Like all South East Asian cities, we quickly discovered, Phnom Penh has a few standout markets that are worth a wander to soak up the atmosphere, snack at the food stalls, and, naturally, shop for souvenirs.
The Night Market / Phsar Reatrey
We stumbled upon the small outdoor night market opposite Sisowath Quay on our first evening in Phnom Penh. Oddly enough, the market hadn’t been recommended to us by anyone, and while that was probably because it doesn’t in fact have a whole lot on offer, neither in the way of food or clothes, crafts and souvenirs (it took us less than half an hour to do a lap and that included browsing at each stall!) – it still has a lovely, laidback feel to it. While the racks of clothes on sale seem squarely aimed at locals (miniscule sizes), the souvenirs sold here (Cambodian silks, lanterns, colourful rice baskets, etc) are selective and of fairly good quality. There was a festive spirit to the place when we visited, with a good-looking young band performing and well-dressed young locals obviously enjoying a night out. Fri-Sun 5pm-12am.
Central Market / Phsar Thmey
Reopened just before we arrived in town, after having been closed for a long renovation, the splendid, yellow, Art Deco Central Market, built in 1937, is a must for architectural buffs as much as foodies and souvenir-hunters. Under the colossal central dome are jewellery ‘shops’ – little more than glass counters – selling silver jewellery, watches and ‘gems’, while four wings leading off the central hall sell a wide variety of clothes, shoes, bags, luggage, household goods, electronics, and books, as well as an abundance of souvenirs, including Cambodian handicrafts, wooden carvings, silks, and kramas, the traditional checked cotton Khmer scarves. There are plenty of food stalls as well, most of which can be found on the western side facing Monivong Boulevard, selling everything from fresh fruit and veg, fish, and dried foodstuffs to sit-down eateries dishing up hot soups and curries. Daily 5am-5pm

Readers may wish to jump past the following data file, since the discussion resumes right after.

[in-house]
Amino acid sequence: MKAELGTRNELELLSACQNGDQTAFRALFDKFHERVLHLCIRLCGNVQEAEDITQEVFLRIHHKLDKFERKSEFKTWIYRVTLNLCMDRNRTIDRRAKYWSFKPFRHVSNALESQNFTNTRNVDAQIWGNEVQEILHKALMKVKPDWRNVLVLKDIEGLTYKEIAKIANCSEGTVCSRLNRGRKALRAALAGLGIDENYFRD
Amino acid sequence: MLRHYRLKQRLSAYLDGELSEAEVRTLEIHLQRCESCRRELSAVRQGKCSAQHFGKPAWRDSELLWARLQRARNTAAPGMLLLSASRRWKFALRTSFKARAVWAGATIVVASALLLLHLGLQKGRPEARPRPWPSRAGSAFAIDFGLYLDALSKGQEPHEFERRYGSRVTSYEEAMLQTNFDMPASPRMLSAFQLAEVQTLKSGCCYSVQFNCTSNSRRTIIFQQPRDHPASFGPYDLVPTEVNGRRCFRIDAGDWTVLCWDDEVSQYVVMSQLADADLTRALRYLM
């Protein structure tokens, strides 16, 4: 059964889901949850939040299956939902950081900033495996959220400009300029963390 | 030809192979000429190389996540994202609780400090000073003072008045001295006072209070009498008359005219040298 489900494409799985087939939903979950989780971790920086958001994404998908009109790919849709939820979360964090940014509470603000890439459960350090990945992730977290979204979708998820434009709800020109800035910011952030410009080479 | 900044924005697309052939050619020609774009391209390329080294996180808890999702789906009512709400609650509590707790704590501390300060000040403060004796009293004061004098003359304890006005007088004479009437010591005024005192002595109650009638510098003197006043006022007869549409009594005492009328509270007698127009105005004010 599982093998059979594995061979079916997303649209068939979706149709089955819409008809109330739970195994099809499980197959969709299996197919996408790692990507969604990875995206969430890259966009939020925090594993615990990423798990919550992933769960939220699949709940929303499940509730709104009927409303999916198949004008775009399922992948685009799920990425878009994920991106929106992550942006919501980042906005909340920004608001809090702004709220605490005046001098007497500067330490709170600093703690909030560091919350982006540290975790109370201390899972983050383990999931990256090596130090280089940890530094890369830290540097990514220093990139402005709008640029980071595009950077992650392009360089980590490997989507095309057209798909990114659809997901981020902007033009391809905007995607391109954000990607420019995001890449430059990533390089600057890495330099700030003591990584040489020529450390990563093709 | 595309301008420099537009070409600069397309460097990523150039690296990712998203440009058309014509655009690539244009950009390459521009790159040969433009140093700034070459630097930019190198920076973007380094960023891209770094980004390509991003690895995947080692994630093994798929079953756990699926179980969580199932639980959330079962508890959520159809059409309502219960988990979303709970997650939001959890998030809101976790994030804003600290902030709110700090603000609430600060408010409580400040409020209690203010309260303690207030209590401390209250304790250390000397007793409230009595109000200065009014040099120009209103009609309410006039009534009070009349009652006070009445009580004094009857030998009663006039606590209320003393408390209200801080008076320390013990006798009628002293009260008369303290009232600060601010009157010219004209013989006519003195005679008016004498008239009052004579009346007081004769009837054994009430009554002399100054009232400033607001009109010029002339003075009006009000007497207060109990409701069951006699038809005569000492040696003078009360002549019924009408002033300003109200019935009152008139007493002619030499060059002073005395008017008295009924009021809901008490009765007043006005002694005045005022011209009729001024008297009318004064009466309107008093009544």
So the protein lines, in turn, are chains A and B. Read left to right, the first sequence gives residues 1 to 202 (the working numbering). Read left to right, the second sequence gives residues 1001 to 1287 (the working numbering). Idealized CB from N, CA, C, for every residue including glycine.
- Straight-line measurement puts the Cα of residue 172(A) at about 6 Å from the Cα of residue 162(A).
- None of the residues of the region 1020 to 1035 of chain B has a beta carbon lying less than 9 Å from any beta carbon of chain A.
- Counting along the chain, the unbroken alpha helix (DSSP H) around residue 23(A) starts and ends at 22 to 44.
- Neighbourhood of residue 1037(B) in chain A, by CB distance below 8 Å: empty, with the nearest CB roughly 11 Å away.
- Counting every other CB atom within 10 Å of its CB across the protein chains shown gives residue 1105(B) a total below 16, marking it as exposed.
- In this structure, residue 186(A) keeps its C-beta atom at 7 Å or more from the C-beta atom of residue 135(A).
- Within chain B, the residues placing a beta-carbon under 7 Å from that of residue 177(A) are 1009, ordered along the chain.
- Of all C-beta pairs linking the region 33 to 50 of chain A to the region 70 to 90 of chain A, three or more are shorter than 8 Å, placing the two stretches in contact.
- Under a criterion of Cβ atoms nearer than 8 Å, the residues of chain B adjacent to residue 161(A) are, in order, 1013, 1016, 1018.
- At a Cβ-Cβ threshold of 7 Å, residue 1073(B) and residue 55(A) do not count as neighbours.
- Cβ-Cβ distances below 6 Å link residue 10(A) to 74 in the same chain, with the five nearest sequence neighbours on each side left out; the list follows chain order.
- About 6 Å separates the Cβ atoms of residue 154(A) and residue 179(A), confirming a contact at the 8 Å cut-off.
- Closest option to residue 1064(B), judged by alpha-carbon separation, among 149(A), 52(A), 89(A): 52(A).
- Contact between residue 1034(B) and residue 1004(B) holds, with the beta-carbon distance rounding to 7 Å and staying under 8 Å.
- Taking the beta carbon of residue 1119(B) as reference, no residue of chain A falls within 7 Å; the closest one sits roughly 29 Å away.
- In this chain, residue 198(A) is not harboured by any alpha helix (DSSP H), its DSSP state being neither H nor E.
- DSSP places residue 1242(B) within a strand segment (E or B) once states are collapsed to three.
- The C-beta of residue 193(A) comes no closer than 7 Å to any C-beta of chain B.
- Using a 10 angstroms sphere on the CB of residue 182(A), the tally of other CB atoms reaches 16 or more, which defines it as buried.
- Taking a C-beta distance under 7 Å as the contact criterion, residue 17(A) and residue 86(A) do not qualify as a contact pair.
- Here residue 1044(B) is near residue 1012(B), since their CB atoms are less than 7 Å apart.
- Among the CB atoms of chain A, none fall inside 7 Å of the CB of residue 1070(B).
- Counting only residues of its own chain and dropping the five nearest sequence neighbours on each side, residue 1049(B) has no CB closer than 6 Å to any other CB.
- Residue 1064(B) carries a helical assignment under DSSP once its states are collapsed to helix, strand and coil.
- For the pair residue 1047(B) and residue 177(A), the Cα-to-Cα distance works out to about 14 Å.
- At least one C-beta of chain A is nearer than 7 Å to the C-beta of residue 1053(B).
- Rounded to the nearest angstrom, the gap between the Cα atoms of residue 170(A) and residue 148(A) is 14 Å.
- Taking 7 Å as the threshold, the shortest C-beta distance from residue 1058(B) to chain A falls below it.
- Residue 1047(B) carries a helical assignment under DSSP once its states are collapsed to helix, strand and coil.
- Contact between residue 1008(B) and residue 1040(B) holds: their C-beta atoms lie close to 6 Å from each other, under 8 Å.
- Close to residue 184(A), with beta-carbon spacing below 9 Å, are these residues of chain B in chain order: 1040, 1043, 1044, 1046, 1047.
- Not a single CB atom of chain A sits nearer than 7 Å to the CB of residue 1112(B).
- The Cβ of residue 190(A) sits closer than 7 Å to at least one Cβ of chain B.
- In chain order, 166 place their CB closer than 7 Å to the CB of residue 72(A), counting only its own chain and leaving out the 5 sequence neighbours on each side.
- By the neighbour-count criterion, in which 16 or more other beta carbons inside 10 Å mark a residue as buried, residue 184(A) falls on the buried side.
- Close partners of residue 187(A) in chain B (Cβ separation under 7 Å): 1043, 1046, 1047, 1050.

The Russian Market / Psah Toul Tom Pong
This dimly-lit market became popular with foreigners during the 1980s when it’s said most of the foreigners in Phnom Penh were Russian, hence the name. While it doesn’t have the architectural value of Central Market, photographers will enjoy the atmospheric interior, with its narrow aisles and interesting contrasts between light and shadow. It also has plenty of stalls selling souvenirs and handicrafts – ‘silk’, textiles, kramas, baskets, carvings, and t-shirts – as well as clothes, shoes and bags; counterfeit CDs, DVDs, and software; and luggage, if you’re on your way home. There’s a small fresh food market and stalls selling cheap home-style food. Daily 7am-5pm